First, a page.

Join Julieanne Kost for an in-depth discussion in this video Creative blurring along path, part of Photoshop CC 2017 Essential Training: Photography.
- [Instructor] We're going to spend a few moments creating motion in this image using the Path Blur filter. Now, the image was photographed while I was on a Zodiak, so it would have been very difficult to keep the iceberg sharp and have a long exposure where I could get the water moving, but we can do that in post. So, with the Background layer targeted, I'll choose Filter, and then Convert for Smart Filters, then I'll choose Filter, and then Blur Gallery, and then Path Blur.
Photoshop automatically adds a path in my image. Yours may or may not be showing these red end points. If I want to turn them off, I can uncheck the Edit Blur Shapes. So this path determines the speed and the direction of the blur. So, for example, if I click on the white dot next to the arrow, and I drag this up, we can see that the direction of the blur now goes at this angle. In this case, I want to keep it horizontal, so I'll drag it back down.
I can lengthen this. I can also move the center point of the blur by clicking and dragging, in order to change the direction of the blur. But, again, I want it horizontal, so I'll use Command + Z to undo that. In the Blur Tool areas, we can use Speed to either increase or decrease the speed of the blur. I don't want this to be too quick, so I'll leave it down around 60%. If I want to change the shape of the blur, then I'll turn on the Edit Blur Shapes.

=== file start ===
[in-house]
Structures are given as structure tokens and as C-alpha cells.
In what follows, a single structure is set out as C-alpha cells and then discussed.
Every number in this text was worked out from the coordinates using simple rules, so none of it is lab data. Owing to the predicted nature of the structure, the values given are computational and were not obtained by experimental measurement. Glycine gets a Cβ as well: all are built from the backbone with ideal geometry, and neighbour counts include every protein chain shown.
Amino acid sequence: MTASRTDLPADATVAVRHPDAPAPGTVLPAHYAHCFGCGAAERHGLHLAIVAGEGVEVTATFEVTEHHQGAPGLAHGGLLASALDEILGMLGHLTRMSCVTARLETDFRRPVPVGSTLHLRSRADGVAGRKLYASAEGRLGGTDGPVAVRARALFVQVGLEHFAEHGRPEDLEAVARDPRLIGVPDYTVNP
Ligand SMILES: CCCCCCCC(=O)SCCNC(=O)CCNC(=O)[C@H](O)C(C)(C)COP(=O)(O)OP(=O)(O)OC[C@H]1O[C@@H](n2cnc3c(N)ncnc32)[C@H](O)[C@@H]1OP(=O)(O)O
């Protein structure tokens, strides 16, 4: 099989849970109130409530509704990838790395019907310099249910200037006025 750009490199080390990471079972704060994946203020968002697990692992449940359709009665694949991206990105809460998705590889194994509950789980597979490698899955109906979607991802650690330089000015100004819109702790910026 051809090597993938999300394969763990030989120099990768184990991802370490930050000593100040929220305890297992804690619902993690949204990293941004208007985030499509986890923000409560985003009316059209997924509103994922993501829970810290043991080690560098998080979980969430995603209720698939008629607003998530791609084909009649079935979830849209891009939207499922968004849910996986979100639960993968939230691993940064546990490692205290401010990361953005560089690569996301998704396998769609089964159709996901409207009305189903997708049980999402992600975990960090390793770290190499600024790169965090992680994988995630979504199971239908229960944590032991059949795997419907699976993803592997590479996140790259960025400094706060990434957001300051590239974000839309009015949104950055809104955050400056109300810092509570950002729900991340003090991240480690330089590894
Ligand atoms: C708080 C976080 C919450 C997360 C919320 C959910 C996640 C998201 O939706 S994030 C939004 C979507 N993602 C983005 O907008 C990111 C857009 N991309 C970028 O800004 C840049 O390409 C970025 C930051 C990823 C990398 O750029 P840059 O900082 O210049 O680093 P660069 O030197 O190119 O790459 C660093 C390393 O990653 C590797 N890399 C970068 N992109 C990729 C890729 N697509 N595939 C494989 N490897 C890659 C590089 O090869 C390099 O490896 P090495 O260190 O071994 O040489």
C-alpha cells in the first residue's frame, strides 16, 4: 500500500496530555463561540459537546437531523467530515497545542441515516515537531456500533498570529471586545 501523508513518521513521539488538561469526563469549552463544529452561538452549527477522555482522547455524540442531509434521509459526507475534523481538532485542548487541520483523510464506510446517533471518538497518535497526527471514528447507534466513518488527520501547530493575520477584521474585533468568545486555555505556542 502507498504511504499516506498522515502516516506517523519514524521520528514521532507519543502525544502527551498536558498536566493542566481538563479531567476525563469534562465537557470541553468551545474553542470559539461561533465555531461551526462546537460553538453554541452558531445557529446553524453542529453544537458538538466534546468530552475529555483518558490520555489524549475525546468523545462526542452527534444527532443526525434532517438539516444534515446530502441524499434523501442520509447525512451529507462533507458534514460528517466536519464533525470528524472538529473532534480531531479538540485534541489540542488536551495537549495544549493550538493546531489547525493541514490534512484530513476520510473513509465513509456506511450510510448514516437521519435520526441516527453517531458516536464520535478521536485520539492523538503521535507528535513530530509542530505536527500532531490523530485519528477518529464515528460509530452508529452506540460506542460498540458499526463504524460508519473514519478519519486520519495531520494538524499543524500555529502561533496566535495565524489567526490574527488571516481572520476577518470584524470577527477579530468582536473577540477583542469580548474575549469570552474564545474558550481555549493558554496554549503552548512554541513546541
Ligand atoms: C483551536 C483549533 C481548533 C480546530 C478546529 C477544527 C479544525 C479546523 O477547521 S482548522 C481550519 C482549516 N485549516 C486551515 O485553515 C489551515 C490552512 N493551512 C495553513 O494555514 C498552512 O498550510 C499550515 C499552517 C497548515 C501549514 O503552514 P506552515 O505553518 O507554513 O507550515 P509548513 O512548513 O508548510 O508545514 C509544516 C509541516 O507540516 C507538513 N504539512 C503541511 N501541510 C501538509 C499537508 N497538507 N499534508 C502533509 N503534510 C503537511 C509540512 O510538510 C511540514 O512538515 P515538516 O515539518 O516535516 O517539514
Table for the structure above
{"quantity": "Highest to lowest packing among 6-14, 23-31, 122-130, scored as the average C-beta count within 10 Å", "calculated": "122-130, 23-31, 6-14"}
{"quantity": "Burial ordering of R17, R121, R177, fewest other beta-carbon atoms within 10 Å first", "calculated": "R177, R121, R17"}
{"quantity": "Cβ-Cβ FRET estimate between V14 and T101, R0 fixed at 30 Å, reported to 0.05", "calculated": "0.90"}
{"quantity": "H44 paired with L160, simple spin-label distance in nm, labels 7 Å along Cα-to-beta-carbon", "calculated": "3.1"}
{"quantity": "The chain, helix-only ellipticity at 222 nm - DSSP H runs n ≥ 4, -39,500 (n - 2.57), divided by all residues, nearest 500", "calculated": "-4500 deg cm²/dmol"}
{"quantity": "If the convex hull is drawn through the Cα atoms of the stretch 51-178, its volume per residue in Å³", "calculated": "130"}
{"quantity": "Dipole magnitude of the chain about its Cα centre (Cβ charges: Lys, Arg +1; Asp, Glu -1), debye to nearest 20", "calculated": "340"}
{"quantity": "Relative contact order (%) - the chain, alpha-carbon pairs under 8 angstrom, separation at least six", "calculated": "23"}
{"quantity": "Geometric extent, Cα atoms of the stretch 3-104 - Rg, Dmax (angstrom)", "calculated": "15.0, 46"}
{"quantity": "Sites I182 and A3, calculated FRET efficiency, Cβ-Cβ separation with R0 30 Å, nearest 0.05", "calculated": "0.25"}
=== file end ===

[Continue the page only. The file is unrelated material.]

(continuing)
We see the additional red interface here. I can click on either of the dots in order to change them, and when I reposition them, it's changing the shape of the blur. So I like to think of this as if I'm in a car, and the car is the speed of the blur. So the car's direction is that blue line. While I'm sitting in the car, if I pan my camera with this scene, if I pan it perfectly horizontal, then I won't have any blur shape.
But the moment that my camera maybe goes a little bit lower or a little higher as I blur, that's the blur shape that I'm creating. All right, so, even though I do like kind of the ripples that it makes in the water here, I don't want it in this example, so I'll make sure that they're both horizontal. I also know that I want to add in a little bit of noise, because right now, this blur is affecting the entire image. But I'm going to isolate it using the Smart Filter mask, so that the iceberg is not affected, and I know that the original image has a little bit of noise in it.
So, with my Noise option set to Grain, because the original image was a digital camera capture, I'll increase the amount to maybe around 12% or so. I can always come in and re-edit this at a later date, so it's not a problem if I need to make adjustments. I'll click OK, and we can see, I have the motion that I want in the water, but I don't want the motion in the iceberg, so, on the Layers panel, I'm going to target the Smart Filter mask.
I'll tap the G key in order to select the gradient. I'll tap the D key to get the default for the mask. We can see here that my gradient goes from white to black. White is going to show me the blur. Black is going to hide it. So I'm going to draw a very short gradient, starting right about at the edge of the iceberg where it touches the water, and dragging up. That's going to hide the blur from the iceberg.